To judge from the degree of caution and concern still priced into the market, I think the consensus of investors is that the fiscal policy headwinds are more likely to strengthen than weaken (i.e., bad news is priced in). But if the outlook for China and the global economy continues to improve, this could go a long way towards offsetting the negatives that might surface in November. Regardless, it's hard to develop strong convictions about where policy is headed next year given all the variables still in play (e.g., a Hillary indictment, Trump vs. Cruz, who controls the Congress). I'm inclined to believe that things will improve, if only because in the past 8 years we have tried so much of what doesn't work.

Thursday, April 7, 2016

The bad news is why I'm optimistic

In the seven and a half years that I've been doing this blog, I've been accused by many readers of being relentlessly and even dangerously optimistic (e.g., "do you ever seen any negatives?"). It's true that I have been reliably optimistic, even in the face of a series of selloffs and corrections. However, I've explained that my optimism is not optimism per se, but optimism relative to a market that has been generally pessimistic. Ever since early 2009 I've predicted that, while the economy was likely to grow, it would be a disappointingly sub-par recovery, mainly because of headwinds like high marginal tax rates, "stimulus" spending, increasing regulatory burdens, Obamacare, anti-business sentiment, and uncertainty surrounding the Fed's monetary policies. Even though I foresaw sub-par growth, I thought that it made sense to be bullish because the market expected even less (remember all the "double-dip recession" calls and ECRI's recession call in 2012?). So far, my optimism has been warranted.

Now, let me be specific about all the negatives I see out there, especially the relatively new ones. There are LOTS of negatives, but I'll try to be brief.

The biggest negative of them all is that the US economy is not nearly as large and as healthy as it could or should have been, had policies been better designed. This has been the weakest recovery in post-war history, and by a lot. If the economy had rebounded from the Great Recession with the same vigor it displayed in every post-war recovery, national income would be almost $3 trillion higher than it is today, as the chart above illustrates. Per capita income would be almost $9000 higher, and a family of four would be making $35K more every year. That's real money, and it explains why the electorate is so upset these days with the establishment.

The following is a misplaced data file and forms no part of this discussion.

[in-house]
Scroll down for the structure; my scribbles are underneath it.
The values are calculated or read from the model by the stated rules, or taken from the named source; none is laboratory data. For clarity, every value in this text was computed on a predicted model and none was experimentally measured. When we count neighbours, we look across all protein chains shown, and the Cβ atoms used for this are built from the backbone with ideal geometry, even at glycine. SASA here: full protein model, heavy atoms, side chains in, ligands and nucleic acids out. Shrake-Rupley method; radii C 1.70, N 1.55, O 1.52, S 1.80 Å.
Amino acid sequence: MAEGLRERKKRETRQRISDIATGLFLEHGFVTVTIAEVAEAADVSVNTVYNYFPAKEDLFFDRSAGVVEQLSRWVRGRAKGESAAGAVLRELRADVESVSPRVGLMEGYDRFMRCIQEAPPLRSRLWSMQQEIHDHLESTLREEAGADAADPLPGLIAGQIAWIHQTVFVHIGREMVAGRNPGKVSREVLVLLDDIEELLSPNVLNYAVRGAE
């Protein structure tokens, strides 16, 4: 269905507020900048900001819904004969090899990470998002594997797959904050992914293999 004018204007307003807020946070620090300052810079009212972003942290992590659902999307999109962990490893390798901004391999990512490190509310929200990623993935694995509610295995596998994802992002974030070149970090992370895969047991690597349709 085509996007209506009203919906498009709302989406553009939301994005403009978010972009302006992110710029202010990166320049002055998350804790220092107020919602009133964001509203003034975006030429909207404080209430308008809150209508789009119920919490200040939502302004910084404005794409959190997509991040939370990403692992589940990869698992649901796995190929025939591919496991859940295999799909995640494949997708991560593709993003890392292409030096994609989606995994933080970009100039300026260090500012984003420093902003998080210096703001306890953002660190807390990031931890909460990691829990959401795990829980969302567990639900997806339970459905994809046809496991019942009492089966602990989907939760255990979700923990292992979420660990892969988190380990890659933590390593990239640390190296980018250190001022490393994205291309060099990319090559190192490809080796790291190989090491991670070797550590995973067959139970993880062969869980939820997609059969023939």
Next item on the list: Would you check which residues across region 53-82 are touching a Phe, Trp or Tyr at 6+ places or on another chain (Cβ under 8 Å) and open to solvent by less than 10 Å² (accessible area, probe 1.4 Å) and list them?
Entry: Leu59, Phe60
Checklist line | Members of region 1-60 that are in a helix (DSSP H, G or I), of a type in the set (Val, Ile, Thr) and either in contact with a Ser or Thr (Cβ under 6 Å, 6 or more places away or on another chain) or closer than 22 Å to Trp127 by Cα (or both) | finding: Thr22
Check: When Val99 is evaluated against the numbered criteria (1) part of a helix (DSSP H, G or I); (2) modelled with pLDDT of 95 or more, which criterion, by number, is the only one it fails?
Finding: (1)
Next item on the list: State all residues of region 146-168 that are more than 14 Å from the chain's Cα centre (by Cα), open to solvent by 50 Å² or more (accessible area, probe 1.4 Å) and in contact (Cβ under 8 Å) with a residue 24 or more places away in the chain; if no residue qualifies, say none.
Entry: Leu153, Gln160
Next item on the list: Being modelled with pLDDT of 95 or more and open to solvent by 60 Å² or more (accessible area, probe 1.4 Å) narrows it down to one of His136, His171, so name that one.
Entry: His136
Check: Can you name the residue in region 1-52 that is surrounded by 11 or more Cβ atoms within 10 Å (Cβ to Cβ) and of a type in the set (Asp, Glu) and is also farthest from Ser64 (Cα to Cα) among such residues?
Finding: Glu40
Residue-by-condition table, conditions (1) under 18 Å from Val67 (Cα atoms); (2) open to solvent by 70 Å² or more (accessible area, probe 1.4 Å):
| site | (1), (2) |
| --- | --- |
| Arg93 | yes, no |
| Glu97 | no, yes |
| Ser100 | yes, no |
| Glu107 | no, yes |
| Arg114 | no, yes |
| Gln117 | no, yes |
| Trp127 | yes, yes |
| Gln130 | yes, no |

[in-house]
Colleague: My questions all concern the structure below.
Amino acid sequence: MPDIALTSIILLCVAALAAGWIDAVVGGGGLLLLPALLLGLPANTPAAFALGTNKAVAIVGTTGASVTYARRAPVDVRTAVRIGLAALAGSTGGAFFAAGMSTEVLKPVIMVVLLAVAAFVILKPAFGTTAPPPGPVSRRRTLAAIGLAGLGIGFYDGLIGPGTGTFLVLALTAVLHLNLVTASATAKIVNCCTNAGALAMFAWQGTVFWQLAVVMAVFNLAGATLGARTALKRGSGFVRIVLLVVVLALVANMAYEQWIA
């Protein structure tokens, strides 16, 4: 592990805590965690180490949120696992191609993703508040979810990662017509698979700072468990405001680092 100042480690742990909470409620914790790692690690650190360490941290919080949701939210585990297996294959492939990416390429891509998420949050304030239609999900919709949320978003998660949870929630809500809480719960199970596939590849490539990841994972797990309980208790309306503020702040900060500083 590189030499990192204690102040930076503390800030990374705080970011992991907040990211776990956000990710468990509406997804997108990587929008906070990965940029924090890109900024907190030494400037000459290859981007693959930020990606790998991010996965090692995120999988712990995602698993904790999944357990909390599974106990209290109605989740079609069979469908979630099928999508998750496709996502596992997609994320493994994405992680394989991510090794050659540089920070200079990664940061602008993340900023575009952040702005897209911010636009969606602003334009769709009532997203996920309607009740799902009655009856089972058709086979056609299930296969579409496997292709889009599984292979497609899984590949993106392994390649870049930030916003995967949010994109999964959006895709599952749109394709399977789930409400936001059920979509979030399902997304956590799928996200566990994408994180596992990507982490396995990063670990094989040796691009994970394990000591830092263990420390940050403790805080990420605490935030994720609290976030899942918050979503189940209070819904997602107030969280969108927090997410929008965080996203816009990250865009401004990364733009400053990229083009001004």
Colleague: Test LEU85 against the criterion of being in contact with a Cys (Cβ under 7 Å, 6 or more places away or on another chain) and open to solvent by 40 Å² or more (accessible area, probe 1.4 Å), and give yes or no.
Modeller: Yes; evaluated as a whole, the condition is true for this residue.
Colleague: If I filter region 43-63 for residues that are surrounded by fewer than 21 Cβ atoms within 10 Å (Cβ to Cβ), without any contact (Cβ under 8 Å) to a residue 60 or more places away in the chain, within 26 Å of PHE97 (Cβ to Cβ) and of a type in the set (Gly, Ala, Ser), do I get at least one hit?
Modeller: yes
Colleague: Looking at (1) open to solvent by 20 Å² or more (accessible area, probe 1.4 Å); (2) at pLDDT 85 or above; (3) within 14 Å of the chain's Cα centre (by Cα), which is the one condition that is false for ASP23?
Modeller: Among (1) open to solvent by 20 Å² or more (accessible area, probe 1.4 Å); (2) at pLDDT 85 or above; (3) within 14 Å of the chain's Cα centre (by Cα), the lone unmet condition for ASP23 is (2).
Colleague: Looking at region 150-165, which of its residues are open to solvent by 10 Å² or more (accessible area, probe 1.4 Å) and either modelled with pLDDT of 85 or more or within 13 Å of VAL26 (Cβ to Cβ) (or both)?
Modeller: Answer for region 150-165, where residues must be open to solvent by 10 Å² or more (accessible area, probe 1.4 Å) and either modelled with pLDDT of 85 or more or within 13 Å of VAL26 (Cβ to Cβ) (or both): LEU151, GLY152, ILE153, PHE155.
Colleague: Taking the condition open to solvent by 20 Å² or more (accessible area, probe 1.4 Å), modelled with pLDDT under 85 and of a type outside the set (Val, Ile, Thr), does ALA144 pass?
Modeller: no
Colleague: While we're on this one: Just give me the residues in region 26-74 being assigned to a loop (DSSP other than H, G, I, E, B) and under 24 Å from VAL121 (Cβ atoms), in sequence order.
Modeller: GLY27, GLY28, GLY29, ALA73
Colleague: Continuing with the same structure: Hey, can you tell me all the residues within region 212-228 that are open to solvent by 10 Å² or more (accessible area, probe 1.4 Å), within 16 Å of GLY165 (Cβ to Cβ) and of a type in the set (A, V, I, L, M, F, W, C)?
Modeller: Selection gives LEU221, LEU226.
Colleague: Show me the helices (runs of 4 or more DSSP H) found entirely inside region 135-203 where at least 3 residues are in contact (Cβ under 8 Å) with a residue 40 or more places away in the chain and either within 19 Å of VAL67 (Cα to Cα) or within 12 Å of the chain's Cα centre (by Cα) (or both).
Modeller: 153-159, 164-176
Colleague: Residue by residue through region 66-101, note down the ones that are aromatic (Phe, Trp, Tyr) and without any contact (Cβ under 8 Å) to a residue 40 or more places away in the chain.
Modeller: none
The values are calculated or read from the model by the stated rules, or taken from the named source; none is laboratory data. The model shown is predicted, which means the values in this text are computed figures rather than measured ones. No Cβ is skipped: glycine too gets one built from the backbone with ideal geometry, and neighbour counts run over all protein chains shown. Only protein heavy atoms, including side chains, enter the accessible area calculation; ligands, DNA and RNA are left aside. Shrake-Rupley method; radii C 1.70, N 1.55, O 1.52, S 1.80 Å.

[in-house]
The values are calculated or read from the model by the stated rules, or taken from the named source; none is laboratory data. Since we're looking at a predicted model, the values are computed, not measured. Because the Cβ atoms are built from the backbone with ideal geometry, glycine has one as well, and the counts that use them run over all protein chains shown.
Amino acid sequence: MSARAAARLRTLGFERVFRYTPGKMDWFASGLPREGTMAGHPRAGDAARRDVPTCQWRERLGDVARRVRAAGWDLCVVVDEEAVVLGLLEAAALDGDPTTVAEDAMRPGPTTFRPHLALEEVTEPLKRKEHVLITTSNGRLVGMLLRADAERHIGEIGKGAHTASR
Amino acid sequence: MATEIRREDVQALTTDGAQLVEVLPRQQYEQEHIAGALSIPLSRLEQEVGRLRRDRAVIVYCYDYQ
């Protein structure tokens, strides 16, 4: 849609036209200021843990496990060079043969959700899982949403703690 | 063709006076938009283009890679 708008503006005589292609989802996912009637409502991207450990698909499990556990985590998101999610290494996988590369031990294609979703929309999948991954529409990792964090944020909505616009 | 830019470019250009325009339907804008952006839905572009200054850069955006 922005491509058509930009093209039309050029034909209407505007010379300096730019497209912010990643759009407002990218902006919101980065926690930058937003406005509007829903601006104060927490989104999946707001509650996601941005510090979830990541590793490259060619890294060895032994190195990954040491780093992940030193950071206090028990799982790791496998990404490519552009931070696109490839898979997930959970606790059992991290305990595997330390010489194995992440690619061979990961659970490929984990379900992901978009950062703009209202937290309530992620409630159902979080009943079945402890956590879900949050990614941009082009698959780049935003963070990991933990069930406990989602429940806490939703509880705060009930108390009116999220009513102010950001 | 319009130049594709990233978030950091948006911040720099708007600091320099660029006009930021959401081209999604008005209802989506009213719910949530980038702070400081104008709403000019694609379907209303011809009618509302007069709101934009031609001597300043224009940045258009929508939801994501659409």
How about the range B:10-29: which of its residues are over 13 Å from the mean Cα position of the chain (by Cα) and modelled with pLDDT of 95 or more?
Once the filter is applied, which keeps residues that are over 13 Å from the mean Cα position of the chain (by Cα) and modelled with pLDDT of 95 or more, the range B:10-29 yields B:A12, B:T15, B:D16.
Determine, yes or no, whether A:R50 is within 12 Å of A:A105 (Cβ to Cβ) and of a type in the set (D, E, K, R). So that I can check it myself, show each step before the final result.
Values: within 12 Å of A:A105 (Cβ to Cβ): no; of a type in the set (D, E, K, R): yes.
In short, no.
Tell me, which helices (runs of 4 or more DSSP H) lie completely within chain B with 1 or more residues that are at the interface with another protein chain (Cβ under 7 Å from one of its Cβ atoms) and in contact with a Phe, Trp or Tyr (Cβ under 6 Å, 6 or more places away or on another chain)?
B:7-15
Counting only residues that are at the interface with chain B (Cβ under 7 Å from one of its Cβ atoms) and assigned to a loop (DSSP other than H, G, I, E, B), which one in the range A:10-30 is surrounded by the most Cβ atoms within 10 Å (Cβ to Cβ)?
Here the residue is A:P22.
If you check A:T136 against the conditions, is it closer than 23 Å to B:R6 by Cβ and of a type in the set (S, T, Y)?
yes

As I noted some years ago, all the spending and borrowing that was supposed to "stimulate" the economy was essentially flushed down the toilet. Since 2009 we've conducted a laboratory experiment in the power of government spending to grow the economy by stimulating demand, and the result is proof that Keynesian theories are destructive, not stimulative. Neither government spending nor easy money has the power to create growth out of thin air, but politicians want to convince you that they do. The economy is weak today because we have wasted many trillions of dollars on transfer payments that only create perverse incentives to work less.

A few days ago, Treasury Secretary Jack Lew unleashed a regulatory broadside against large corporations seeking to become more competitive in an economy with an absurdly burdensome tax code. As Pfizer's Ian Read noted in today's WSJ: